“Lock Every Door” is a light thriller, although extremely popular, featuring a young woman who sort of won the lottery. At least win it in the sense of getting paid $4,000 a month to apartment sit in a classic gargoyle architecture old New York City apartment overlooking Central Park. The reason being they didn’t want empty apartments. They wanted the building to remain alive. But, there are rules. Rules such as no guests ever and no talking to the residents. Sager tried to imbue Mysteriousness “Lock Every Door” is a light thriller, although extremely popular, featuring a young woman who sort of won the lottery. At least win it in the sense of getting paid $4,000 a month to apartment sit in a classic gargoyle architecture old New York City apartment overlooking Central Park. The reason being they didn’t want empty apartments. They wanted the building to remain alive. But, there are rules. Rules such as no guests ever and no talking to the residents. Sager tried to imbue Mysteriousness and terror into the building and it’s strange permanent residents. You never really feel the horror or the suspense, though. It falls flat in that sense. It’s an easy page turning read, but you keep waiting for something to happen and not much really does.
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  • Stacey Camp
    January 1, 1970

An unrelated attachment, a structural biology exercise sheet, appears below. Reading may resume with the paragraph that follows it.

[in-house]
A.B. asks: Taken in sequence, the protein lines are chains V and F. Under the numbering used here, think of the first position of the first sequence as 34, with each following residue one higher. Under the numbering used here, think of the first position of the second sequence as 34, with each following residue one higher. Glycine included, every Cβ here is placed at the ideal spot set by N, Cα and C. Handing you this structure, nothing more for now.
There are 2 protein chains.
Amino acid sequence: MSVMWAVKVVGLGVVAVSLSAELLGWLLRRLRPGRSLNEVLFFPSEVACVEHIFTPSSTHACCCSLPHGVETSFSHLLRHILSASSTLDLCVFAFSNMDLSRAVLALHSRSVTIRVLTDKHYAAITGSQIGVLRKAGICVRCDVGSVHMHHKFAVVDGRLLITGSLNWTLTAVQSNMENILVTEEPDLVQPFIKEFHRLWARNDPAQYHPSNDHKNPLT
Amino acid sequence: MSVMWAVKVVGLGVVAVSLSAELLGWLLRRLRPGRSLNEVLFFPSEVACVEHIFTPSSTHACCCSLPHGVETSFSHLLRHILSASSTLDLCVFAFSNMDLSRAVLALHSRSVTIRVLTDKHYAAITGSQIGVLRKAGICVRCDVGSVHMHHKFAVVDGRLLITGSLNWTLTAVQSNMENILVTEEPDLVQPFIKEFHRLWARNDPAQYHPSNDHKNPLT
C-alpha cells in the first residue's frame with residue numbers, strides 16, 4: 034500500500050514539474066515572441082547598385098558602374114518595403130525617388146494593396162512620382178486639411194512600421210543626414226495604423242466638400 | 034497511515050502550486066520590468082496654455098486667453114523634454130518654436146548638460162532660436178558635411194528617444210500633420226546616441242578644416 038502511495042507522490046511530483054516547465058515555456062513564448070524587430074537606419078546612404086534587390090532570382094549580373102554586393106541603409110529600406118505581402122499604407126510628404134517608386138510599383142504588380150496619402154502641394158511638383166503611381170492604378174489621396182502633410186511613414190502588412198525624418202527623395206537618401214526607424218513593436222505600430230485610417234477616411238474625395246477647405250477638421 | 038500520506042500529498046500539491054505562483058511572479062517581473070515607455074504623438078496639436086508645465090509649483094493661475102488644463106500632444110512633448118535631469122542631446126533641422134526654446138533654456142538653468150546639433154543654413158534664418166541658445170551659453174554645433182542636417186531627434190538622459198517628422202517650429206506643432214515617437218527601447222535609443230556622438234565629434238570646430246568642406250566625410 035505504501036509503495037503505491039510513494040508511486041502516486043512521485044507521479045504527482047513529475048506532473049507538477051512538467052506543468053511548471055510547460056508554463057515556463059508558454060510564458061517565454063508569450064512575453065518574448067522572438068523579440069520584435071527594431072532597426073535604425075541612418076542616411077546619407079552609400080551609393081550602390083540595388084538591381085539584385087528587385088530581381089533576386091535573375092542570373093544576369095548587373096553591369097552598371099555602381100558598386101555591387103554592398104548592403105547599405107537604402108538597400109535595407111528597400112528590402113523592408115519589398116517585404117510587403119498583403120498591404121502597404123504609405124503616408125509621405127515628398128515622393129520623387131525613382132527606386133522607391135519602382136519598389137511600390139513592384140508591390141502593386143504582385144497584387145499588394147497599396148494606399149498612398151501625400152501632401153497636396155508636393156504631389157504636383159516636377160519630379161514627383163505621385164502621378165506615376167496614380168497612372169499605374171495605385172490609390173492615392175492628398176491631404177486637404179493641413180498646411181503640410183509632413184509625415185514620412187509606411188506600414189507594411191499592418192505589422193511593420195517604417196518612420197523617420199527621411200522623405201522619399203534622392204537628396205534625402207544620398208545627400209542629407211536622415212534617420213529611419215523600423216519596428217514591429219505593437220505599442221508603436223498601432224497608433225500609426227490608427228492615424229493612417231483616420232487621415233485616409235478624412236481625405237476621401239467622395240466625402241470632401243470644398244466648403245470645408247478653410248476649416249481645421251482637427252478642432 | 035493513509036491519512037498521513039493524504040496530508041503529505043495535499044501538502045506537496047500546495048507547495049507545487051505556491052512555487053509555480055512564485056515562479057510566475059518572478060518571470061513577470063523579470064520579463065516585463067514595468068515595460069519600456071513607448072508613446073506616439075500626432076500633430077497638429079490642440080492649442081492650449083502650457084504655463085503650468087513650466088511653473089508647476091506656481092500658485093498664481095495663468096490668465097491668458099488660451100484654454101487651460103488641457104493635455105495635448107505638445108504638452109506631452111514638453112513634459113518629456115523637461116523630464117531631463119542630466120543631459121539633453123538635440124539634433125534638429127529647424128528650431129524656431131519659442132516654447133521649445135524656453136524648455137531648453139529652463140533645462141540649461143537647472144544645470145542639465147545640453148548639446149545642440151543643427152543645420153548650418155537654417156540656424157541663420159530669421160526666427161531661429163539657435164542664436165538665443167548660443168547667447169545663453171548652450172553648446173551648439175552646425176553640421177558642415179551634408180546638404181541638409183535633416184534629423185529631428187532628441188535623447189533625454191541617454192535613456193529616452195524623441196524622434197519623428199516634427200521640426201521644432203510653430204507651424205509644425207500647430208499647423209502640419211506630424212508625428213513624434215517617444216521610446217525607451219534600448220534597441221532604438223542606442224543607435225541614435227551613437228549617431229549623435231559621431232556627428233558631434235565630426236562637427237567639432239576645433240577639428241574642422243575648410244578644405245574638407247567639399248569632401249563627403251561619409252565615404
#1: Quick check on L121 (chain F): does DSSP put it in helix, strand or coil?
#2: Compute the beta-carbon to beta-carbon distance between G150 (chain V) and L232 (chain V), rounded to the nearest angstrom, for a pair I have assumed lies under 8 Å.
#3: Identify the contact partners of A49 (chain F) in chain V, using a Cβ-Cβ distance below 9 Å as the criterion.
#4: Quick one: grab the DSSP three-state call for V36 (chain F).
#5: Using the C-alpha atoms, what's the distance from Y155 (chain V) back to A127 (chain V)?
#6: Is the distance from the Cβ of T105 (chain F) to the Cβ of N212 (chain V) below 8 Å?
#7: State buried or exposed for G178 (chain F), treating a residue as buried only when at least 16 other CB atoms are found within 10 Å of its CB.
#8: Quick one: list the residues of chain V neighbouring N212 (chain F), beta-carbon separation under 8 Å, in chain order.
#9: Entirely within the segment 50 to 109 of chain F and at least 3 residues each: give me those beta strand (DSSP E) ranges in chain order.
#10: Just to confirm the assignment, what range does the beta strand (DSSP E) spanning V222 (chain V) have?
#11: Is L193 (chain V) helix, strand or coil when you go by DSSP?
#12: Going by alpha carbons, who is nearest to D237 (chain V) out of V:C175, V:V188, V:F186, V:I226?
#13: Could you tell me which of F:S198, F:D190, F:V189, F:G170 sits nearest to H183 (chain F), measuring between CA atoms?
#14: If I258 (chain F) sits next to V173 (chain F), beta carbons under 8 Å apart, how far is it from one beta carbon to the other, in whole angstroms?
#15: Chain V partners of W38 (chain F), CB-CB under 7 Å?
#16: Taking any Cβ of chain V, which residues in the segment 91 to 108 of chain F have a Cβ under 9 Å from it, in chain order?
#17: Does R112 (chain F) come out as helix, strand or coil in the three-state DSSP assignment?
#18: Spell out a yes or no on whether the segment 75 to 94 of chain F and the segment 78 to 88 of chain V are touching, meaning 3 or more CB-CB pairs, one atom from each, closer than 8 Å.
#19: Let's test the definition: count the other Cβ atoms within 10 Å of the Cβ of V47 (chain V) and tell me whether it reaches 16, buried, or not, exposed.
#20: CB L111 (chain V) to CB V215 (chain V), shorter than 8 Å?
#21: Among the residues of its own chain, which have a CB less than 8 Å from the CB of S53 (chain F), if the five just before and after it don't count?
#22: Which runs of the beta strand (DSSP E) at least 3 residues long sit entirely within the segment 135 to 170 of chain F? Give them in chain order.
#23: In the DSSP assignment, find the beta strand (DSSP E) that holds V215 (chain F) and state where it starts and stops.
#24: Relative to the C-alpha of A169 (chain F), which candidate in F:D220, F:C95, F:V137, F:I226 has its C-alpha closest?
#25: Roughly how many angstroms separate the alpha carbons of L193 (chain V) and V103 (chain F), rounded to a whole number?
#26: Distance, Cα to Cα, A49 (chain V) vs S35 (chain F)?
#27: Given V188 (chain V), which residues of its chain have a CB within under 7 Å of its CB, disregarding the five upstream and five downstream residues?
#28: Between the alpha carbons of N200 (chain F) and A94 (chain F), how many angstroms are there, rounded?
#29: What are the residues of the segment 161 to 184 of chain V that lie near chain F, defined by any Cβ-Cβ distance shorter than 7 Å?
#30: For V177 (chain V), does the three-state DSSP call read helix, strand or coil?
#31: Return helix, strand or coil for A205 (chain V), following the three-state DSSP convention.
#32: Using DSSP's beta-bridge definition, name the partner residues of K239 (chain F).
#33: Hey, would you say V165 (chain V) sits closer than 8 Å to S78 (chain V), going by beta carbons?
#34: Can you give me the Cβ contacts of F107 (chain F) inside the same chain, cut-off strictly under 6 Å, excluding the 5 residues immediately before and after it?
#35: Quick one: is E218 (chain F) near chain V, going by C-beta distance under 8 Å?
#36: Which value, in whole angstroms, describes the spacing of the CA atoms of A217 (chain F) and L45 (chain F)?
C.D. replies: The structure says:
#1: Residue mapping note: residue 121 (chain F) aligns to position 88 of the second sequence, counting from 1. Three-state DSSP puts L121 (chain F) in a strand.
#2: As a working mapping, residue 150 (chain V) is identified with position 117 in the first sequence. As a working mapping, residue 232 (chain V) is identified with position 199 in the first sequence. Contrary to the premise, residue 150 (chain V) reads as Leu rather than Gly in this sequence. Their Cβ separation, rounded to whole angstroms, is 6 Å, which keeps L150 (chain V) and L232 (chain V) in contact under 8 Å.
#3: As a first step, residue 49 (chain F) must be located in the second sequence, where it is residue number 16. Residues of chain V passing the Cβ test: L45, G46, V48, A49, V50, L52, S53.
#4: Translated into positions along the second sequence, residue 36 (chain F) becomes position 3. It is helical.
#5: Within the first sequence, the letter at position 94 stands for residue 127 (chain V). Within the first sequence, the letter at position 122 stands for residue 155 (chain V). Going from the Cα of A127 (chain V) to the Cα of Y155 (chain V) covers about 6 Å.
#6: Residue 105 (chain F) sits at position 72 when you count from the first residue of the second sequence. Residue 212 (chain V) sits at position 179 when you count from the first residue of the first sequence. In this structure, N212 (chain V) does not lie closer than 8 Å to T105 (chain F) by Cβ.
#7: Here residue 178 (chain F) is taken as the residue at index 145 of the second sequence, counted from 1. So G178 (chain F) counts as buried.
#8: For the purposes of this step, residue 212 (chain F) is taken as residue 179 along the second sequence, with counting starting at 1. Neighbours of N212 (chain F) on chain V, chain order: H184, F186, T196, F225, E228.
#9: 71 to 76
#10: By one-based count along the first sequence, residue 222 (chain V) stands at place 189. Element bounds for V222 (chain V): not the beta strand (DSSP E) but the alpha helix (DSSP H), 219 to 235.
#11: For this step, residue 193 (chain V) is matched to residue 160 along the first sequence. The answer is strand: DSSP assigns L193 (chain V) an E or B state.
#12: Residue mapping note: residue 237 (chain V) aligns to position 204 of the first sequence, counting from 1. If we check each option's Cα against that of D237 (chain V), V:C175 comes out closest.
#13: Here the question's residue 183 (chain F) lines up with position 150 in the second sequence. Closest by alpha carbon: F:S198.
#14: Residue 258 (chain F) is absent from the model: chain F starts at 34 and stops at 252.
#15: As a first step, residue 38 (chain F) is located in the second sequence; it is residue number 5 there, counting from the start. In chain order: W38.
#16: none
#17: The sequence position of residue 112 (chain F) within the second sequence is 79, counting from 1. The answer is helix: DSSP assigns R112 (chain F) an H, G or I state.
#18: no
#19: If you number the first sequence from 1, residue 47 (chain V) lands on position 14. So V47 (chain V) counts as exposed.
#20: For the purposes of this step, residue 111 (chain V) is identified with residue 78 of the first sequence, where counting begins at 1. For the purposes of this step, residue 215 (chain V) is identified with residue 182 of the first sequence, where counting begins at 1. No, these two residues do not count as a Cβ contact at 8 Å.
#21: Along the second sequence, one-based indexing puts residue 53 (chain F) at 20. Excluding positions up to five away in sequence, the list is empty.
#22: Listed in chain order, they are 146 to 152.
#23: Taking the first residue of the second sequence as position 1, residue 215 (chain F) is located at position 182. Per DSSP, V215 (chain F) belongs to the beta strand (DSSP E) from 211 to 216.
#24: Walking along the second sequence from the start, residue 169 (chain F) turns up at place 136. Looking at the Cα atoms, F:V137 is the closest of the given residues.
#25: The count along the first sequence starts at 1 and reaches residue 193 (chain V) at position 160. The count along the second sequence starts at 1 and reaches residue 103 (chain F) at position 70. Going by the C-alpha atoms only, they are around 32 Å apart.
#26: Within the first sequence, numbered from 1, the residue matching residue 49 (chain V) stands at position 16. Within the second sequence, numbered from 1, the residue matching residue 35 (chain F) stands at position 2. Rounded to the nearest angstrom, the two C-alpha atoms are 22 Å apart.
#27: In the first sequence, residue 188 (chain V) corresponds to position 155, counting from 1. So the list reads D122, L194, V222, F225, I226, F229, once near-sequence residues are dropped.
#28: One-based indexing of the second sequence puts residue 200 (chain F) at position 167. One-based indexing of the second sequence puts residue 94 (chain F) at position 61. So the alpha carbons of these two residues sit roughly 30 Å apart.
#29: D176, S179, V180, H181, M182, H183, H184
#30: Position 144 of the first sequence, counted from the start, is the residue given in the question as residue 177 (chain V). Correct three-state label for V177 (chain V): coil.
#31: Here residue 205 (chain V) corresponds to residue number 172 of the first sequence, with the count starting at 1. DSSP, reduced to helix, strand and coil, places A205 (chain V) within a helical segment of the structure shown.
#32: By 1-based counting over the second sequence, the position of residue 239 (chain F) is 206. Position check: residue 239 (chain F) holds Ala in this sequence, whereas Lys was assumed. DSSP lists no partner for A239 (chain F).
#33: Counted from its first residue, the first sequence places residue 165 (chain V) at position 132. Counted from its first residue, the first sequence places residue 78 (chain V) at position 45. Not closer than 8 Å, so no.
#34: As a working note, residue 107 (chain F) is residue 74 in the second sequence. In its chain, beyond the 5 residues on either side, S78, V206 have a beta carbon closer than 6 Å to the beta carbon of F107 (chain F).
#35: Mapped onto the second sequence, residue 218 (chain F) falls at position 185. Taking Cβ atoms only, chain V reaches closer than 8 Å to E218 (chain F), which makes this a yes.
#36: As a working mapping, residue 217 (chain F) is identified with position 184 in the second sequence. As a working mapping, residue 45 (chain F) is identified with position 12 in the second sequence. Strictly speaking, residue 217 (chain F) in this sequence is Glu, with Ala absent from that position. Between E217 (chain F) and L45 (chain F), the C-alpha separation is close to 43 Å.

**5++ Stars**Jules has a dark past, one from which she has been running since she lost everyone and everything that mattered to her in her life. When she is laid off from her job and catches her boyfriend cheating on her, she finds herself broke without a place to live.But then an amazing job opportunity appears in the local newspaper, one that Jules can't believe is real. The job involves housesitting a posh loft in Bartholomew, a historic building in a very upscale neighborhood. What's even mo **5++ Stars**Jules has a dark past, one from which she has been running since she lost everyone and everything that mattered to her in her life. When she is laid off from her job and catches her boyfriend cheating on her, she finds herself broke without a place to live.But then an amazing job opportunity appears in the local newspaper, one that Jules can't believe is real. The job involves housesitting a posh loft in Bartholomew, a historic building in a very upscale neighborhood. What's even more incredible about the job is that it pays 12k: money that Jules desperately needs.Jules takes it without hesitation despite the fact that there are a number of red flags. The building is known to be haunted and has its own mysterious past, one that involves numerous residents' deaths and disappearances. Jules is asked to follow a strict set of rules while living in the loft. These rules include no guests, no leaving the loft overnight, and no talking to the residents of the buildings. These rules seem weird to her one and only best friend, who encourages her to stay with her until she gets a new job and some money in her bank account.The weirdness doesn't stop there. Jules makes friends with two of the residents (which is against the rules) who are also professional housesitters at the Bartholomew, and soon thereafter one of them disappears under suspicious circumstances. Jules' boss says that her friend who disappeared gave notice and left in the middle of the night, but Jules doesn't buy it. She starts investigating her friend's disappearance and finds that no one has seen or heard from her. What Jules discovers about the Bartholomew is even worse than the ghost stories people tell about the building, but can she reveal the building and its residents' crimes before it's too late for her and the other housesitters?I loved this book - the pacing was fantastic. It read like a classic Agatha Christie novel for the modern age. I loved Sager's last two books, too, but I think this one is even better than the last two. If you enjoy thrillers, I highly recommend Lock Every Door. Sager clearly has another hit on his hands with this one! Thank you to Riley Sager, Penguin/Dutton, and NetGalley for the advanced reader copy!For more of my book reviews visit me here: Book Review Blog | Twitter | Instagram | Facebook